By Rob Nikolewski | Contact Reporter
June 17, 2017 | 6:00 AM
Is there a chance that the tons of nuclear waste at the San Onofre Nuclear Generating Station (SONGS) could finally get moved to another location?
Prompted by a lawsuit filed by an advocacy group, confidential negotiations are under way that may be exploring just that possibility.
The plant’s majority owner, Southern California Edison, is meeting with representatives of East County-based Citizens Oversight after the two sides asked the judge presiding over the case to give them time to work out a potential settlement. According to the stipulation, the two sides must report back to the judge by July 14.
Neither side is talking to reporters but the discussions provide an opportune time to review the details of how and why so much spent fuel ended up within sight of the Pacific Ocean in the first place and when and where it could be shipped.
How much nuclear waste is at the plant?
SONGS officials say there are 1,609 metric tons, which equals 3.55 million pounds.
Is that a lot?
It represents about 2 percent of the total amount of the spent fuel from all of the nation’s nuclear power plants, according to the most recent figures from the Nuclear Energy Institute, an industry trade group.
SONGS accounts for about half the amount of nuclear waste that has accumulated at plants in California.
The plant is operated by Southern California Edison and San Diego Gas & Electric has a 20 percent stake in the project.
What exactly is spent fuel?
Inside a nuclear reactor, enriched uranium sustains a series of controlled nuclear reactions that unleash quantities of energy that is converted to steam that drives turbines that generate electricity.
After about four to six years, nuclear fuel loses its efficiency and is considered “spent.”
But the spent fuel is still thermally hot and emits a great deal of radiation — enough to kill someone within minutes if that person is not adequately shielded — and remains radioactive for thousands of years because of the long half-lives of some of its radio-isotopes.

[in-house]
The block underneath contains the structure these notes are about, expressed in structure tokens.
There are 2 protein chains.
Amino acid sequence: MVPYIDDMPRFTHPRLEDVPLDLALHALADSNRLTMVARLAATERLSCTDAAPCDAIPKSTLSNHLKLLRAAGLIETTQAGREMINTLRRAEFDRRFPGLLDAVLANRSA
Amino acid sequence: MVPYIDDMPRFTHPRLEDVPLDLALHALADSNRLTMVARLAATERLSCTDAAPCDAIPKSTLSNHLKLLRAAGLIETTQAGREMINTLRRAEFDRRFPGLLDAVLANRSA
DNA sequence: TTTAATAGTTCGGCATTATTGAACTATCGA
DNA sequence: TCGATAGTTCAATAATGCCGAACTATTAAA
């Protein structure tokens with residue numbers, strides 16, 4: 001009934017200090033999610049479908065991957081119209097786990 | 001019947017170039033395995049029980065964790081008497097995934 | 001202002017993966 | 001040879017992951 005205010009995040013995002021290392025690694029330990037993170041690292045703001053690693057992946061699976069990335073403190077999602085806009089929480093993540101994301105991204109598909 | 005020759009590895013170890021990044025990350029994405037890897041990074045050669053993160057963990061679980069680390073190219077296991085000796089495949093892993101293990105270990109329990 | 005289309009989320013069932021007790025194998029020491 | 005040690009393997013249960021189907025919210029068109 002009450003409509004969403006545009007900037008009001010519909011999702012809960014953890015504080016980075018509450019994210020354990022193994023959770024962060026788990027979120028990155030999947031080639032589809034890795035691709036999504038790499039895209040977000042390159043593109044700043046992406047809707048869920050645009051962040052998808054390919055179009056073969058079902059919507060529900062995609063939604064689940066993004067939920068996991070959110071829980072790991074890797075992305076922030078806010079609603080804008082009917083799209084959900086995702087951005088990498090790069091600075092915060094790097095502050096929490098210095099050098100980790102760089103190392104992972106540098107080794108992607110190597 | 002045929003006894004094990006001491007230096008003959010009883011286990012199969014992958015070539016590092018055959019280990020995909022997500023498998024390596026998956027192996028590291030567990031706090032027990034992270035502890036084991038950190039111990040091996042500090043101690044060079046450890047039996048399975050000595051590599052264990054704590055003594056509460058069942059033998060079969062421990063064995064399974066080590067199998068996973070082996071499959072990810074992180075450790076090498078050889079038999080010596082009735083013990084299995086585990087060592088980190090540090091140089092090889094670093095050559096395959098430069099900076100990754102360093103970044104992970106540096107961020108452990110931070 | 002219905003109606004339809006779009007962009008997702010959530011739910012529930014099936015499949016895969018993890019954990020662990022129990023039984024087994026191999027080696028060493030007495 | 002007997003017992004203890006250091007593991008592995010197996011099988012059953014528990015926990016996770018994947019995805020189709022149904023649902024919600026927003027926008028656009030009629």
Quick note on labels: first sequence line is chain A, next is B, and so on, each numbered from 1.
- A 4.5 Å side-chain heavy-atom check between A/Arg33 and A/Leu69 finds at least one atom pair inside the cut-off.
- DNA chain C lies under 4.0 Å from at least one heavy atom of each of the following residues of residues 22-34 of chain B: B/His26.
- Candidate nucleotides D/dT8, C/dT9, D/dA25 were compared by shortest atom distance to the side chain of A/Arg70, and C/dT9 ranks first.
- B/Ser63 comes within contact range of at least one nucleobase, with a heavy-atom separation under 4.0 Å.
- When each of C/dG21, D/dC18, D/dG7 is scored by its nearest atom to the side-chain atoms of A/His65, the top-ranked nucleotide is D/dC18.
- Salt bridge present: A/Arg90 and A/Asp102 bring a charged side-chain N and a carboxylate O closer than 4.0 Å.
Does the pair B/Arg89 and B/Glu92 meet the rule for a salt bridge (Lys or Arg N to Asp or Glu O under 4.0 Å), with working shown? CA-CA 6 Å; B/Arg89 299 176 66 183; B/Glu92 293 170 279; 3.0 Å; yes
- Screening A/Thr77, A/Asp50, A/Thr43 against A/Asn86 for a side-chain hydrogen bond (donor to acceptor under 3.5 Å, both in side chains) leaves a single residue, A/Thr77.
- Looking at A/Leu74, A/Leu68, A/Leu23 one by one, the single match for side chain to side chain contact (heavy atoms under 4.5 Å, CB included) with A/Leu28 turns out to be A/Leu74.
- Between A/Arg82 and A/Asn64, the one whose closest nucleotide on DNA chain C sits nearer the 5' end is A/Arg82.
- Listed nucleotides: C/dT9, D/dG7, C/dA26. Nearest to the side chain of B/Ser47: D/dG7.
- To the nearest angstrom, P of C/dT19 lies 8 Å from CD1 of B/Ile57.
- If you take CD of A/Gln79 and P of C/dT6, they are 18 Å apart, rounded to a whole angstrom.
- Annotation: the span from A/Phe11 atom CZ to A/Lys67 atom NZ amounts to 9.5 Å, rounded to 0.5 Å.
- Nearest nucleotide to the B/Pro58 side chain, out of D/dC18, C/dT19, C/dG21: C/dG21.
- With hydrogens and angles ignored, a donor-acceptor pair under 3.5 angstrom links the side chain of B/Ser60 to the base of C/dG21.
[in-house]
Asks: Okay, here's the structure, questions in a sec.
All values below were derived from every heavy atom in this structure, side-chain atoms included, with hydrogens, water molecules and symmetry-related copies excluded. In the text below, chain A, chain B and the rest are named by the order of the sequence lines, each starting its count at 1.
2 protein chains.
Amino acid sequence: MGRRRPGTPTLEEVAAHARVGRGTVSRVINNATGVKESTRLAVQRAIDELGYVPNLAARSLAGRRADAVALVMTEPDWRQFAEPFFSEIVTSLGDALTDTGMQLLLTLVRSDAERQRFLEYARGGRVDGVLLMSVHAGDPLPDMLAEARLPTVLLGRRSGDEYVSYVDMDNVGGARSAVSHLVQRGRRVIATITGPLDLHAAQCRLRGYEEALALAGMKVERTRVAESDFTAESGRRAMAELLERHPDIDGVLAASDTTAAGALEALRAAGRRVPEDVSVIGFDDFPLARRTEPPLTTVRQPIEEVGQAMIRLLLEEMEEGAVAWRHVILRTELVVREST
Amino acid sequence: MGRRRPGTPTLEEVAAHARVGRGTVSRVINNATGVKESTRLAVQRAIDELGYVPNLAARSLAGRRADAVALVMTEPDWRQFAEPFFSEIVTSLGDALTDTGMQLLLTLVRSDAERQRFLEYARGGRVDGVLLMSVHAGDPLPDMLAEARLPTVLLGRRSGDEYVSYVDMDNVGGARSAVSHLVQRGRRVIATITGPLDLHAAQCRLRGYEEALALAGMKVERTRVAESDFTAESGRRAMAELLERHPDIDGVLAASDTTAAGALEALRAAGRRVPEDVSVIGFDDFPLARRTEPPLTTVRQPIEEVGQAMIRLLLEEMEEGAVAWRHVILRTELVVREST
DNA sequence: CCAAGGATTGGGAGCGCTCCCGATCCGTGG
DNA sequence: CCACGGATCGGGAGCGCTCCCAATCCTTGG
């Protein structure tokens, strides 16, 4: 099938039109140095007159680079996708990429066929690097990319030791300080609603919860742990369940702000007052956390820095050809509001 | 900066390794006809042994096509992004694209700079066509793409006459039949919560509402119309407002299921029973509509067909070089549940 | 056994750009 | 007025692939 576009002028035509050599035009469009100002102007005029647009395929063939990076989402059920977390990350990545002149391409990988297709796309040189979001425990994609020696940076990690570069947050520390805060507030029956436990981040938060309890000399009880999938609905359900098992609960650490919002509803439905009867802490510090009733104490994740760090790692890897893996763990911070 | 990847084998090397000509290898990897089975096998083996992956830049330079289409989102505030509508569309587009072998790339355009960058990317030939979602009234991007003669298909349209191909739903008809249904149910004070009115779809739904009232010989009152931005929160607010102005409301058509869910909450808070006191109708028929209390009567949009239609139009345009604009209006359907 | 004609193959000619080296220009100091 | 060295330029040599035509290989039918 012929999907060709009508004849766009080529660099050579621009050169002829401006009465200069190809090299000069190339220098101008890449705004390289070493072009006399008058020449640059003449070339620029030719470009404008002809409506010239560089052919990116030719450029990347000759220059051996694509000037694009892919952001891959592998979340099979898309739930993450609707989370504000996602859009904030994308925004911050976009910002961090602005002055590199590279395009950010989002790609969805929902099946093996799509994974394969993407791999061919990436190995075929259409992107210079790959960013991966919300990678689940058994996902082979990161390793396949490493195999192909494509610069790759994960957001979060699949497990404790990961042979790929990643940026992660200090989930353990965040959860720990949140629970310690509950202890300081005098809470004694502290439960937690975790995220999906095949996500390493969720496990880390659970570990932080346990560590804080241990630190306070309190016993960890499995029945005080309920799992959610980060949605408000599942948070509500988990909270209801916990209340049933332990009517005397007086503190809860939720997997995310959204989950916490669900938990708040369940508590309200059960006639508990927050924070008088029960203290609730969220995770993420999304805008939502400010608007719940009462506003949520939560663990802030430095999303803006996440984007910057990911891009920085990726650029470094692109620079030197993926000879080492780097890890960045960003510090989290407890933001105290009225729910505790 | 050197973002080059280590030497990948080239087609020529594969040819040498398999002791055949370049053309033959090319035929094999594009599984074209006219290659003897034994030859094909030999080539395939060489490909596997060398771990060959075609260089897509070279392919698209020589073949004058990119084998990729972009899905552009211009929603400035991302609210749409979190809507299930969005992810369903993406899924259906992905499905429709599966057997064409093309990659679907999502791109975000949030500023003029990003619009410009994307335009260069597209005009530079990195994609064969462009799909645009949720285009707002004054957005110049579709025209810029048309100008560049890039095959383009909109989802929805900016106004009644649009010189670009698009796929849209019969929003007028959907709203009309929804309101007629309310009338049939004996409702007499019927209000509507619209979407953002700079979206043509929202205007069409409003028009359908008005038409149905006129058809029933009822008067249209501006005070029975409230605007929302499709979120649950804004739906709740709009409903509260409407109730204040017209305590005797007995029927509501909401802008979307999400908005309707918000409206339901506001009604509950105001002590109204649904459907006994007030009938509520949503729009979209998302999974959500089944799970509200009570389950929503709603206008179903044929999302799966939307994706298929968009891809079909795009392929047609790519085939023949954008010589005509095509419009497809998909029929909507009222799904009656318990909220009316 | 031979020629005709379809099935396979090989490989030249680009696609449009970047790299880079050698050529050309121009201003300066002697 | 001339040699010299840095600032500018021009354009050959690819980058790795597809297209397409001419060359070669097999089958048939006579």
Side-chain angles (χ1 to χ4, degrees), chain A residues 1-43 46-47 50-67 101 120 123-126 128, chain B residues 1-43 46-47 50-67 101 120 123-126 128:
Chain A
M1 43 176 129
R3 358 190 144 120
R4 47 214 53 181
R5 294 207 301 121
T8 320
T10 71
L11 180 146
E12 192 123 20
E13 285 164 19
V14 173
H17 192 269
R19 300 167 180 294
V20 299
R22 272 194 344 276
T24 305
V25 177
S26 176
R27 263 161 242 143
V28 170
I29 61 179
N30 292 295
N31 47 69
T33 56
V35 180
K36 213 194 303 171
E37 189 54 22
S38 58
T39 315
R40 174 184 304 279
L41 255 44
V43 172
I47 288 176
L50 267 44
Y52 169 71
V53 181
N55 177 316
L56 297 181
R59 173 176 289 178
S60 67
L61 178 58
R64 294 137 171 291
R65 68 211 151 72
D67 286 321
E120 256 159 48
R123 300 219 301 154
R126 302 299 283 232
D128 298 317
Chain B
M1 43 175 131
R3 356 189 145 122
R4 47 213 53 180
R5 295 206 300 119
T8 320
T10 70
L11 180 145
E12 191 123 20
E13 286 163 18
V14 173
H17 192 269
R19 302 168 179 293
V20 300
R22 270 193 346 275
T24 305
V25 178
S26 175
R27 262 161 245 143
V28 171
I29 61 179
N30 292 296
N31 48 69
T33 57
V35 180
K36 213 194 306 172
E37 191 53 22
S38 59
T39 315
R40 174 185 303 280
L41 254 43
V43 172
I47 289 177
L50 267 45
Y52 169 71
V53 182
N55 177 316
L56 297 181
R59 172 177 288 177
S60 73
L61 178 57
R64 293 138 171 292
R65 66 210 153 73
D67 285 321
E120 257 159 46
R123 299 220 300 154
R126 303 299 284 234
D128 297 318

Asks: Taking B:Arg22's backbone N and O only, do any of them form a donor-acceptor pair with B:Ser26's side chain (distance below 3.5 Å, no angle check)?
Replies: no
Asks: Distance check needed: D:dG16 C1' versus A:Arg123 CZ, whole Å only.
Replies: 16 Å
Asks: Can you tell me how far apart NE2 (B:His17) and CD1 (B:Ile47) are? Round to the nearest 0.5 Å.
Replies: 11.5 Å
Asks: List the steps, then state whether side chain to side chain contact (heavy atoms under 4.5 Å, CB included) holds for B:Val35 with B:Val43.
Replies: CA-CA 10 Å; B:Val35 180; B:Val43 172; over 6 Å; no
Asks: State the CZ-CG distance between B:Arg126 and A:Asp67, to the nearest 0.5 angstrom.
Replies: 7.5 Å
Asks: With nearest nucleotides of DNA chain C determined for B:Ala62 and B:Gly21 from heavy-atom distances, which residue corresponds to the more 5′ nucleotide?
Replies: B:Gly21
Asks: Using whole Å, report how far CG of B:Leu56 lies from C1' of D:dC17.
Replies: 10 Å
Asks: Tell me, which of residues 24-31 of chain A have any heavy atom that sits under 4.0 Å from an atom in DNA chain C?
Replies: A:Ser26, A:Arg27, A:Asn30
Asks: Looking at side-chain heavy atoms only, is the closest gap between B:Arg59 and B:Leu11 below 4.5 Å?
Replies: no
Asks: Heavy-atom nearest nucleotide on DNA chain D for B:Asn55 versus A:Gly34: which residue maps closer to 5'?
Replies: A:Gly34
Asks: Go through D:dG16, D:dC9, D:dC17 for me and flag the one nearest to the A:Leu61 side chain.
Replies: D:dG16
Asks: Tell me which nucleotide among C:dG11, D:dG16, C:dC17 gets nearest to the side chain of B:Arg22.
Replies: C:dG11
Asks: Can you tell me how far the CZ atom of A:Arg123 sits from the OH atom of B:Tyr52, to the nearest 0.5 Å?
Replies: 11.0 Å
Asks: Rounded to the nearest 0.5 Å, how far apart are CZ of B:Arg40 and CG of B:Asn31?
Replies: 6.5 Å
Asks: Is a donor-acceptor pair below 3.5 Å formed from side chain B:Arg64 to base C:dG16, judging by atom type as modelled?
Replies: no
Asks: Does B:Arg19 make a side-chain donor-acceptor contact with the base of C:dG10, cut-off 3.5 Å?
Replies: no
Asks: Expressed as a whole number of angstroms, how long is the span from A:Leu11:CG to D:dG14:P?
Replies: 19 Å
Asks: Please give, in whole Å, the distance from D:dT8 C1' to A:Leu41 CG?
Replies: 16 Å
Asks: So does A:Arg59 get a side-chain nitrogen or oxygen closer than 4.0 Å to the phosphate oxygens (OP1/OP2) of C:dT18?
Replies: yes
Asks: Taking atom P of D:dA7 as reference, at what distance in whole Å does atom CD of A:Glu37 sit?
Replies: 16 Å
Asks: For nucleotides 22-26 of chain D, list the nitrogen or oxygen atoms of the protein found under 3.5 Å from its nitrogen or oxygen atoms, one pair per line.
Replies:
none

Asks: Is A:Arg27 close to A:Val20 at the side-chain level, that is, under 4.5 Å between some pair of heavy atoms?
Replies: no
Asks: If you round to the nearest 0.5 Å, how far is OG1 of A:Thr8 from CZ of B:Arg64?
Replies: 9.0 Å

To keep the fuel cool, nuclear plant operators transfer the waste to what is called “wet storage,” where it is placed in a metal rack in a deep pool of water, typically for at least five years.
After the fuel has been cooled it may be transferred to a dry storage system.
SONGS hasn’t produced electricity since January 2012 and there are 8.4 million people within a 50-mile radius of the plant. So why does its spent fuel stay on site?
Because, to put it bluntly, the federal government has dropped the ball. Under the Waste Policy Act, passed by Congress in 1982, the U.S. Department of Energy was given responsibility for the long-term storage of nuclear waste.
In order to pay for the transfer of waste from various sites across the country, a Nuclear Waste Fund was established. Ratepayers from areas powered by nuclear plants paid fees of about 15 to 20 cents per month on their utility bills. The money built up over the years and is now worth at least $35.8 billion.
The government had promised to start accepting spent fuel in 1998 but the feds failed to come up with a permanent site to put the nation’s waste. As a result, a 2014 court ruling ordered DOE to stop collecting the fees from electricity customers.
As for the waste at SONGS, the California Coastal Commission in October 2015 approved a 20-year permit for Edison to expand a storage system that will eventually see all the plant’s waste stored in heavy, dry casks.
Why not send spent fuel to Yucca Mountain?
That was the original plan.
The government spent anywhere between $9 billion and $15 billion to build the repository that would store the fuel deep underground in the Nevada desert, about 100 miles from Las Vegas.
From the moment Yucca Mountain was first discussed on Capitol Hill back in the 1980s, lawmakers in Nevada fought against it. Nonetheless, the Department of Energy recommended opening Yucca and in 2002 the site was approved by then-President George W. Bush.
But the Obama administration cut funding for Yucca Mountain, delighting Nevada’s Harry Reid, who became the Senate Majority Leader after the 2008 elections.
Now, however, there are indications that Yucca is back on the table.
The Trump administration has called for spending $120 million on storage projects that include reviving Yucca Mountain.
On April 27, the IHS Energy Daily, a trade publication, reported that a longtime contractor at Yucca sent out a memo saying the contractor anticipates having to supply 350 engineers for a potential re-start of the site.
But resurrecting Yucca Mountain figures to be a time-consuming process.
Rep. John Shimkus, R-Illinois, has put together a draft bill in the U.S. House of Representatives aimed at clearing the way to bring Yucca back.